Wednesday, July 25, 2007

Harry Potter and the Blockbuster Model

This will be my last Harry Potter post for a while, I promise. Harry Potter season is almost over, and this could well be the last serious Harry Potter season there is -- the movies, alone, don't create the same buzz as the novels (which now that I think about it is a pretty interesting fact in itself) because the books never cover new ground.

But this is what I've learned from Harry Potter in terms of the fantasy publishing industry: the industry has moved towards the blockbuster model of producing novels and marketing them. As I said in yesterday's post, the idea that Harry Potter leapt onto the scene with no advertising, that it was in some fashion a "sleeper", isn't particularly true. Scholastic gave Philosopher's Stone a huge (for the industry) advertising budget and every book since then has seen sharp increases in advertising budgets (not to mention the various cross-promotions, such as movies, toys, etc., each of which has its own advertising that nevertheless boosts sales of the books, just as the book's ads increase sales of the cross-promotional items).

I think that they're understanding the implications of the fact that, even more than just about anything else, readers are intensely loyal to particular writers. They've long known that readers read writers they've read -- if you've bought Author X before, you're far more liable to get another book by Author X even if you didn't particularly like Author X's stuff than pick up a book by Author Y whom you've never read. So, advertising-wise, it makes a lot of sense to have elaborate advertising budgets designed to create "brand loyalty".

So, lately, there have been a fair number of designer fantasy series, not just Harry Potter (and, indeed, compared to some of these, Harry Potter, in terms of literature, is downright stellar in quality). So, Terry Goodkind's The Wizard's First Rule sold at an auction for $275,000 and he got a $300,000 advertising budget. He'd never been published before. All of his books have been bestsellers. George R. R. Martin's books also had a huge advertising budget, and have also all been bestsellers, each and every one. The same is true of Jordan's Wheel of Time books, where a relatively unknown author was given a huge advance and ad budget and has gone on to great commercial success. This is a marked difference from reading fantasy in my own youth, where the books were never bestsellers and never had anything like advertising budgets.

Or, to say it another way, Harry Potter novels are promoted like a movie, to create fan loyalty in the characters and situations, and creating star writers like the movie industry has star actors and directors. A lot of people "trust" Rowling the same way many movie audiences trust, say, James Cameron. And, furthermore, the fantasy industry is following this model. (I think it's happening to fantasy first in genre fiction because of the intense cross-promotional potential in most fantasy series. It'd be pretty damn hard to make a video game out of an Ellroy novel, but it's really easy to make a video game out of virtually any fantasy series because of the emphasis on magic and monsters -- that sort of thing looks really good in video games! Likewise, you can do cross-promotion in big, special effects laden blockbuster movies, brightly colored comics, etc., etc. as opposed to novels where much of the drama occurs in the private thoughts and subtle actions of the characters.)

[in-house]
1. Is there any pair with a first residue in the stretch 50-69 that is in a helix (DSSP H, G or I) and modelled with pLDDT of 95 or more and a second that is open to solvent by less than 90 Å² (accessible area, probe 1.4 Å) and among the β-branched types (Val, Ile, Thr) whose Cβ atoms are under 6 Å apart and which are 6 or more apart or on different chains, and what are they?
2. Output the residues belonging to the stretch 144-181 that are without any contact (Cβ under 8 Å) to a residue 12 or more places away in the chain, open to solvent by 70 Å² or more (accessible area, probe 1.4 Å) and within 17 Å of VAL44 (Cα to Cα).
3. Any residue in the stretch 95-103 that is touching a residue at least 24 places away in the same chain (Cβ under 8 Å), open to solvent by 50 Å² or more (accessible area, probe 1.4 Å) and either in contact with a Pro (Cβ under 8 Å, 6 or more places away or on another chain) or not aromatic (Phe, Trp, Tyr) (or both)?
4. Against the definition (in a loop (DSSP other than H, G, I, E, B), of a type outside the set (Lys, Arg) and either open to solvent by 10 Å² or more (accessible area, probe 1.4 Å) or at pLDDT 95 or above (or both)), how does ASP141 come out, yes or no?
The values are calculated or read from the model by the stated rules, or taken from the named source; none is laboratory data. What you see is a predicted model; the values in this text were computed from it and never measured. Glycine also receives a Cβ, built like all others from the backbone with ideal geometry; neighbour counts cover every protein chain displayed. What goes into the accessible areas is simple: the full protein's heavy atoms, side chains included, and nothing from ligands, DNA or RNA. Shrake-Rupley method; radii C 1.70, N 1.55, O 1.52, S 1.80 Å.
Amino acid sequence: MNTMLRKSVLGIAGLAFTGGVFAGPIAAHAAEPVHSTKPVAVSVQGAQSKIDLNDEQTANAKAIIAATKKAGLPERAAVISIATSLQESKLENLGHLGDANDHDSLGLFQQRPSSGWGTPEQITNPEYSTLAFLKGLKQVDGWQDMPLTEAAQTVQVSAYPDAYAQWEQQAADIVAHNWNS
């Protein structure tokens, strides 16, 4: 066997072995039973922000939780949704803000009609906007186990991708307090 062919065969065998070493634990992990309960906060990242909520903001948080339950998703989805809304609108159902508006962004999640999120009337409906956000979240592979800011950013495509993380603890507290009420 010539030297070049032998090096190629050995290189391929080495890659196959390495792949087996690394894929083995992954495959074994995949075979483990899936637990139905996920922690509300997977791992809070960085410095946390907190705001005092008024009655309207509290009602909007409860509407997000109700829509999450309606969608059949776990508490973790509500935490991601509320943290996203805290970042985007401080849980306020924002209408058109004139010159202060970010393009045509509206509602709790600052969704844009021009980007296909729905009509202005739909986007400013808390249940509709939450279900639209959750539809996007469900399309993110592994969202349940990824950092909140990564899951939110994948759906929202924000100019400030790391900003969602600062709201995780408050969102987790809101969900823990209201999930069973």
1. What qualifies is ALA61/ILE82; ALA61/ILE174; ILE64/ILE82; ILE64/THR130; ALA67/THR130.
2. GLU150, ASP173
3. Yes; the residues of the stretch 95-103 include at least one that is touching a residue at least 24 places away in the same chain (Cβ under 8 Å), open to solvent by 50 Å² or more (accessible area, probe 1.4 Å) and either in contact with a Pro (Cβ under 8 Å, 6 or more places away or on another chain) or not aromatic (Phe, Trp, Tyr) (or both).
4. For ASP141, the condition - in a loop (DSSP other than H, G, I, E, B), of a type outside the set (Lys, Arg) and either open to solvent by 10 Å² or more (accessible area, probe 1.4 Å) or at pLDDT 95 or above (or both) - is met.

I don't think this is a terribly good idea, for the same reason I dislike the blockbuster system in Hollywood. It really cuts out a lot of talent in order to score the big hit, because it centralizes all the money in a small number of products, which will have the effect of choking off a lot of other writers who might have otherwise made it enough to keep writing (tho' there are other things happening that counterindicate this, such as the rapid growth of fanfic communities, but since most of those are part of the hype machine . . .) and definitely centralizes marketing and distribution in a way is designed to keep out competition. I don't like it much at all.

But . . . as a writer who's trying to get a novel published, what does a person do? I understand this. Is it better or worse to talk frankly about that understanding? Should I say to prospective agents and publishers, "Look, I think that this would do well in the blockbuster system of novels. It has great cross-promotional potential, video games, comic books, the whole works"? Because, from all the "how-to get published" books I've read, and various discussions, the subject of money is virtually taboo at the initial phases of the negotiation -- but, on the other hand, I really think I understand how this works. My feeling about the industry is that, while they do admit that publishing businesses operate on a profit basis, they also say that talking about money off the bat is a faux pas. So, would it be an even bigger faux pas to talk about one of the other elephants in the room? The actual underlying motivation of the industry? Would it be taken as a sign of cleverness and willingness to "do what it takes to get published" by talking about it so frankly? Or would it seem arrogant and insulting? I honestly don't know.

But, Harry Potter showed me that fantasy novels, especially, but to some extent all publishing models, are increasingly blockbuster modeled, where writers are packaged as brands to create loyalty through extensive advertising in a way similar to big movies and video games.

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